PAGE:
Car fires have a very distinctive smell. It is really hard to describe you have to experience that one for yourself.

Eye watering is [I]very[I] plausible, smoke, any type of smoke is an irritant and will turn your eyes into Niagara falls quite quickly.

I have never actually smelt burning hair at a fire. You however will never forget the smell of a burning body. I always thought it smelt more like frying ham sausage than roast pork. Every time it happens to me it can take me up to two months before I can eat sausages or bacon again.

If your propane truck gets into an accident and the tank is damaged enough to cause a hole or tear the propane will burn and your driver will not survive. I have seen it. Propane truck vs train. There wasn't much left of the truck driver.

Everything else you've written seems plausible. I hope I was helpful.

Los Pollos Hermanos
04-09-2015, 02:49 PM
Thanks for the insider info. There is something "dodgy" about the station wagon, but that all comes out in the wash later in the story. It's a shame it had to collide with an empty propane truck of all things! ;)

Morbid question: How far does the smell of crispy human travel? Two of my cops kept their distance, but one tried to get closer to see if there was anything he could do to rescue either driver - he quickly realised this wasn't an option and retreated.

I'll have to incorporate a brief something in the next few chapters about him not being able to eat the bacon/sausages his wife was cooking for breakfast. Whether the other two also develop the same aversion depends how far the smell travelled.

Cheers,

LPH.

King Neptune
04-09-2015, 05:04 PM
Thanks for the insider info. There is something "dodgy" about the station wagon, but that all comes out on the wash later in the story. It's a shame it had to collide with an empty propane truck of all things! ;)

Morbid question: How far does the smell of crispy human travel? Two of my cops kept their distance, but one tried to get closer to see if there was anything he could do to rescue either driver - he quickly realised this wasn't an option and retreated.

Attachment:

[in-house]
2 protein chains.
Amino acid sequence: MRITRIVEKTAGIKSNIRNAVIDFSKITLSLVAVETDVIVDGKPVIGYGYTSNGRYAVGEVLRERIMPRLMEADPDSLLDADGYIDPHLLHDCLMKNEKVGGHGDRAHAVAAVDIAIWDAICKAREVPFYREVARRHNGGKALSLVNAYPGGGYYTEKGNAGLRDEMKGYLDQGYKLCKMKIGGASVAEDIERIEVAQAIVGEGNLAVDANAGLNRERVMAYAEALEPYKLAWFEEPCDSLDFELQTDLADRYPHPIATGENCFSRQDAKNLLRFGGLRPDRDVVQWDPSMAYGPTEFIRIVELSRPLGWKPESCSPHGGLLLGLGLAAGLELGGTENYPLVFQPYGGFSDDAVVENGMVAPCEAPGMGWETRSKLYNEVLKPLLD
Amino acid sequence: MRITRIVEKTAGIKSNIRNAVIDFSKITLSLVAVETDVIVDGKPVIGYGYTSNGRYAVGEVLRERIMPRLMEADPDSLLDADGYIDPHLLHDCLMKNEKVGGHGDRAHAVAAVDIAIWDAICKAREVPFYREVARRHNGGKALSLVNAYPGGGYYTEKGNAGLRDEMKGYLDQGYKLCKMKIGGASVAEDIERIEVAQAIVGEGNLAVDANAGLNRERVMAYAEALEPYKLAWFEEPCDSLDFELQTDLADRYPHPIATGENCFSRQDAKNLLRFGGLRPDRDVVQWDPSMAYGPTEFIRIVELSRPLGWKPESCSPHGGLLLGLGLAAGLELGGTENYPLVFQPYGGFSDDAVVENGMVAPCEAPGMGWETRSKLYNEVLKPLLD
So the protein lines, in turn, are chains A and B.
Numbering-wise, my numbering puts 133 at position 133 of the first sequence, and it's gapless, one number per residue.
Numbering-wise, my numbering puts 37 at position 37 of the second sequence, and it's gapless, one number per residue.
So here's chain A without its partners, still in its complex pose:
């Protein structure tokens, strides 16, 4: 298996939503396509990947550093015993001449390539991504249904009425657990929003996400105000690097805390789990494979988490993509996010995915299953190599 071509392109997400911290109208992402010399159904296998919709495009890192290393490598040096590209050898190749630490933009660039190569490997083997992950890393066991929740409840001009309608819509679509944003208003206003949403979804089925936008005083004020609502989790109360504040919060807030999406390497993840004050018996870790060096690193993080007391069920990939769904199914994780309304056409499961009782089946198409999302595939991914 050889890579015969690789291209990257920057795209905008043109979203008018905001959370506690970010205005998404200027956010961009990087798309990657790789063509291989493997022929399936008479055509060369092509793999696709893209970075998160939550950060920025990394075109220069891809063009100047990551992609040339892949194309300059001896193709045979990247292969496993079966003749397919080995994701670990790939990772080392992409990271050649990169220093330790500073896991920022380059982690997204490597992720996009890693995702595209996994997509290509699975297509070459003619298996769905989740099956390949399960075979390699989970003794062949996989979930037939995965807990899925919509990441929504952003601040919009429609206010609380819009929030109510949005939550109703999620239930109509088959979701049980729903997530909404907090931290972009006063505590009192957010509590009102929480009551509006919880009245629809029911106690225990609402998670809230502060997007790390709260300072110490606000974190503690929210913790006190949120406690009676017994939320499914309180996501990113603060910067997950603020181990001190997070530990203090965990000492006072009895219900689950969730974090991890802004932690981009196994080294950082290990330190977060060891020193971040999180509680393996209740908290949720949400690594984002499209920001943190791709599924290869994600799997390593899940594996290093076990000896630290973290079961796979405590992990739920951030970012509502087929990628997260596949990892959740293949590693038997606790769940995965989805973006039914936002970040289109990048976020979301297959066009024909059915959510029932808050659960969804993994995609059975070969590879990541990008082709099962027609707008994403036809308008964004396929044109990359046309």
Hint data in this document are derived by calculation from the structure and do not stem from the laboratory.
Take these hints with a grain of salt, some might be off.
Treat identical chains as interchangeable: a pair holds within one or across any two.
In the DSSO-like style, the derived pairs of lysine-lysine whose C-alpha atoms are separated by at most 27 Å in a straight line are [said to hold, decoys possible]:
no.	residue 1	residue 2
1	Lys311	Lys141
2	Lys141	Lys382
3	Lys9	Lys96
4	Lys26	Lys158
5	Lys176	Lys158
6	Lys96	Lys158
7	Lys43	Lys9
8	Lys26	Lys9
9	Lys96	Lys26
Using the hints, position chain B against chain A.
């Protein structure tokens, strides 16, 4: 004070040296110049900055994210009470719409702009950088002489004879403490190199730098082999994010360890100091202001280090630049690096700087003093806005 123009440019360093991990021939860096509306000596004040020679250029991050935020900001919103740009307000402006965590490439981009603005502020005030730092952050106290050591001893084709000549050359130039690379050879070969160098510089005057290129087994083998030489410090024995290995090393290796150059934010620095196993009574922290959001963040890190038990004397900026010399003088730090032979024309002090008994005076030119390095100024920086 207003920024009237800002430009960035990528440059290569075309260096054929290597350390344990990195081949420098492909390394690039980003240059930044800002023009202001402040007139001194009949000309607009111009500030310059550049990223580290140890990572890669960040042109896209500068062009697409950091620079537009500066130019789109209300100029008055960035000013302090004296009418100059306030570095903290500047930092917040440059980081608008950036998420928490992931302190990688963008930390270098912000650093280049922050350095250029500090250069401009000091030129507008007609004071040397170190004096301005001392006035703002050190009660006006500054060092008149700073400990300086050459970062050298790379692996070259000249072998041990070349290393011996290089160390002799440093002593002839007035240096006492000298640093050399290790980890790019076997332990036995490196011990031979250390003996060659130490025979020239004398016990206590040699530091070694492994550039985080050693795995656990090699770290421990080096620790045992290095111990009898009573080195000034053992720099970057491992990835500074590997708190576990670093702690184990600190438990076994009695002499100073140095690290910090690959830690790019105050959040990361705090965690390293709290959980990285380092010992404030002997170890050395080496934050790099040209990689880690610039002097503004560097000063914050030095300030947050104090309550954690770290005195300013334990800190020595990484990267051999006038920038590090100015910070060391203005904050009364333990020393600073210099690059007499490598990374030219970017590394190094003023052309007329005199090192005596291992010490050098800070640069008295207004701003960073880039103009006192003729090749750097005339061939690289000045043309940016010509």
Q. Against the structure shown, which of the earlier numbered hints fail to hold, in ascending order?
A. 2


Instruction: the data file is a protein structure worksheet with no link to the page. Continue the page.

I'll have to incorporate a brief something in the next few chapters about him not being able to eat the bacon/sausages his wife was cooking for breakfast. Whether the other two also develop the same aversion depends how far the smell travelled.


The smell would travel as far as the plume of smoke travelled, and the cloud of smoke would include rubber and other things. Anyone nearby would retreat upwind of the fire.

Los Pollos Hermanos
04-09-2015, 06:10 PM
Looks like they'll be cancelling that hog roast...

Cheers,

LPH.

cmhbob
04-09-2015, 08:55 PM
I can tell you from experience that the smell from a crematory will fill the parking lot of the funeral home. It may drift farther than that (and this is a controlled, high-temp burn, with a tall (40') filtered smokestack with little visible smoke), but smell is very contextual. If you were five block away from the funeral home, and didn't know there was a crematory there, you'd think, "Wow, someone's got a nice cookout going."

Then you wonder why someone is grilling at 2 in the afternoon.

Los Pollos Hermanos
04-09-2015, 09:35 PM
I bet I'm on a watch list after googling this:

http://www.slate.com/articles/news_and_politics/explainer/2007/03/barbyou.html

:evil

Cheers,

LPH.

King Neptune
04-09-2015, 10:58 PM
I bet I'm on a watch list after googling this:

http://www.slate.com/articles/news_and_politics/explainer/2007/03/barbyou.html

:evil

Cheers,

LPH.

Humans are widely known as "long pig" among cannibals, but they wouldn't be eating all parts, just the meat.

fyrefyghter33
04-10-2015, 05:51 AM
The smell of the fire will mask the bodies smell. But after the car is out out and the smoke dissipates the smell will carry (depending on wind) 20+ ft.

I like the idea of your MC not being able to eat breakfast after. Seeing something like this can really have an affect on people. I've seen people lose their lunch just getting a little whiff.

Los Pollos Hermanos
04-10-2015, 10:26 PM
Oh yes, he's not going to appreciate the offer of a cooked breakfast (the next time this posse of cops feature)... ;)

Cheers,

LPH.